Photo credit: Steve Dewey, Utah State University, Retrieved from Bugwood.org (Image Number: 1459931), used under CC BY 3.0 US, modified from the original
Dyer's woad is native to southeast Russia and central Asia. It was introduced to eastern North America in the 17th century as a medicinal herb and source of indigo dye.
A single Dyer's woad plant can produce as many as 10,000 seeds per year. This plant can invade crop fields and grassland and out-compete native species. It reduces yields of crops and forage.
This weed has small yellow flowers with four petals arranged in a cross-shape.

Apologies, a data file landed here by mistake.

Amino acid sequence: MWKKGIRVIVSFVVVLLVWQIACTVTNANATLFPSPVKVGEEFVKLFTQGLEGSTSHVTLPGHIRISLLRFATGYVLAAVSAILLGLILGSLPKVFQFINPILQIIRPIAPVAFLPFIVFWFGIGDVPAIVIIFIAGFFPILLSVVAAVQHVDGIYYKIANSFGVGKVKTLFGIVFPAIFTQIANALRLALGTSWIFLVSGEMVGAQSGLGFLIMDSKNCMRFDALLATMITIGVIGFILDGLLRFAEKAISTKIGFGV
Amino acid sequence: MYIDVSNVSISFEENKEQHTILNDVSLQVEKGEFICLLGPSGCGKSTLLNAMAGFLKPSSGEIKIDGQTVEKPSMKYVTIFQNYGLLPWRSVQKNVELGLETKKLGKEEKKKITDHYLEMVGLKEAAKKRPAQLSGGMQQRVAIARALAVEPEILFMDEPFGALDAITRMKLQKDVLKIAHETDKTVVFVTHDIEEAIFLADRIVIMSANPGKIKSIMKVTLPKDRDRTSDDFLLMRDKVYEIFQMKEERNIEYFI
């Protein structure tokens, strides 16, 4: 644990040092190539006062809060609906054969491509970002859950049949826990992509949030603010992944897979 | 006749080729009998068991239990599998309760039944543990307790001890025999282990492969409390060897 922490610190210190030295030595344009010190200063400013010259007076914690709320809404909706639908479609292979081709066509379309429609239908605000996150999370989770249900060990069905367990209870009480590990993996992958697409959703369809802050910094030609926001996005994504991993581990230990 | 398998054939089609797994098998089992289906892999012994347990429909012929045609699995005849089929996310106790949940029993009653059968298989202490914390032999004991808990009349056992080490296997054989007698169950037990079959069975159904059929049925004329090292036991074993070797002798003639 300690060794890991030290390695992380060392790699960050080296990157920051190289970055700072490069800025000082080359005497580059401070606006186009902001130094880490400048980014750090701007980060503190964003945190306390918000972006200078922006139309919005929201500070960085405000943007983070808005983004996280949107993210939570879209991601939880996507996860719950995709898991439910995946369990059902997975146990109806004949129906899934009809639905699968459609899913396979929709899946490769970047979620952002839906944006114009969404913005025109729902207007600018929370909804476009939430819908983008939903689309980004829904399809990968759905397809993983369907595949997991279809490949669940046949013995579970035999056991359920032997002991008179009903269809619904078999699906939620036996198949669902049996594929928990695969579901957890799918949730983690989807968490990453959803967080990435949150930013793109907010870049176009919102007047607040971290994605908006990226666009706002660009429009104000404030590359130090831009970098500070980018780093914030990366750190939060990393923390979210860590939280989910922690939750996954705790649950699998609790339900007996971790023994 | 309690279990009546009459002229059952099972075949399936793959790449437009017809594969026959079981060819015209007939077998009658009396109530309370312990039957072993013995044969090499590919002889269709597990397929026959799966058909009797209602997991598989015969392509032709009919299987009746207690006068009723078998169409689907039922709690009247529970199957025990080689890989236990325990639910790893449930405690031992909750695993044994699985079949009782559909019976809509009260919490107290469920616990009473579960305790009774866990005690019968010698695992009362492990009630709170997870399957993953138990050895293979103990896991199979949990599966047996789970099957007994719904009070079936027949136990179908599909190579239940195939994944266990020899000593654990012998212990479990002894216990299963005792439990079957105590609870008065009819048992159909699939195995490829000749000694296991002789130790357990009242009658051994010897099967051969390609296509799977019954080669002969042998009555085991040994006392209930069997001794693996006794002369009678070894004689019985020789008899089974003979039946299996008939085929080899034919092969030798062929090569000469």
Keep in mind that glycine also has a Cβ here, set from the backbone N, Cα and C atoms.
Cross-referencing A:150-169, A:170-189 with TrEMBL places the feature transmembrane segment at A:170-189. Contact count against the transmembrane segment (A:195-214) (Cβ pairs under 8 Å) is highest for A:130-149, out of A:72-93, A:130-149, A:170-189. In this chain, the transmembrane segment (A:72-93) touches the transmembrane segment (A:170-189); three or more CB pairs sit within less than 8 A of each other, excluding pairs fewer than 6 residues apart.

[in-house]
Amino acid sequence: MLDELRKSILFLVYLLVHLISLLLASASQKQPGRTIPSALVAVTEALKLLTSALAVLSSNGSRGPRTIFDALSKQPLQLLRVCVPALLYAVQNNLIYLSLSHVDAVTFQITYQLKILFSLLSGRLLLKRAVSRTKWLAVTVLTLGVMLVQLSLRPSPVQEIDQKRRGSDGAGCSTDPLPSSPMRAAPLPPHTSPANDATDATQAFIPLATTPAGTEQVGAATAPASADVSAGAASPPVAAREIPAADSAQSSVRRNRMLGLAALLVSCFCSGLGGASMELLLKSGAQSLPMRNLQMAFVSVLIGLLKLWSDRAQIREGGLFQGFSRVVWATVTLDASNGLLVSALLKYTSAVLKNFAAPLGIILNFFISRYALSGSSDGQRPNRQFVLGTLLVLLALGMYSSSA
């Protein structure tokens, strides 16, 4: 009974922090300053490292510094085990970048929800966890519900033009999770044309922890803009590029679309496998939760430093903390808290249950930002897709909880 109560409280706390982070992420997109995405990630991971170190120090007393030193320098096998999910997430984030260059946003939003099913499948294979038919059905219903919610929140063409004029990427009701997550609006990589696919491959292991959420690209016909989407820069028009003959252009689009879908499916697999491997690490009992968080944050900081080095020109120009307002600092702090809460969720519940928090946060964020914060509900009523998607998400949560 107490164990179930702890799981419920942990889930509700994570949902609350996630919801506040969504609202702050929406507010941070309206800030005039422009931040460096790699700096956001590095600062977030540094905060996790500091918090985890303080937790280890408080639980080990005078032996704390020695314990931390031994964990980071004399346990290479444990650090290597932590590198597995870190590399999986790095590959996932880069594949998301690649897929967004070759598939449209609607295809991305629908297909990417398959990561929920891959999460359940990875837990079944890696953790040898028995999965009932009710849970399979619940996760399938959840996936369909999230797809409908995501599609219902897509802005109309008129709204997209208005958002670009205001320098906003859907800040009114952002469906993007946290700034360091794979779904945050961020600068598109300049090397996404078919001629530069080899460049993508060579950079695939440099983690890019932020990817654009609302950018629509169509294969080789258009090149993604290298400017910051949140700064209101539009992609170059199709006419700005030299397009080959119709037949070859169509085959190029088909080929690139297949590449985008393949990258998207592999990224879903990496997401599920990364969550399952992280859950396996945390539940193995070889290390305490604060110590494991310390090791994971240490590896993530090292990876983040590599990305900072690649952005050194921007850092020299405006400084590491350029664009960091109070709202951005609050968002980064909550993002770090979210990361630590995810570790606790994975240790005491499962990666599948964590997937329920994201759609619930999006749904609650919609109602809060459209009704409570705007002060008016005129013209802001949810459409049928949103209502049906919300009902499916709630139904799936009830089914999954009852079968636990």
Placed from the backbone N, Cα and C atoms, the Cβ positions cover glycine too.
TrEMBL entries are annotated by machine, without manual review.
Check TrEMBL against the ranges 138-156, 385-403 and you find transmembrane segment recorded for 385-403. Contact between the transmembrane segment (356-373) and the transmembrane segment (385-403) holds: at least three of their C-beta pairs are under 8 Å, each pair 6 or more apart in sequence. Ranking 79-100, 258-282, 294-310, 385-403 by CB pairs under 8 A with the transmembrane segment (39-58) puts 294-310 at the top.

Basal leaves have long stalks but stem leaves are sessile and clasp the stem. All leaves are blue-green in colour and have a distinctive cream-colored midrib.
The plant grows up to 120 cm tall with a heavily branched upper portion.
Learn more about this species:
See Fact Sheet - Alberta Invasive Species Council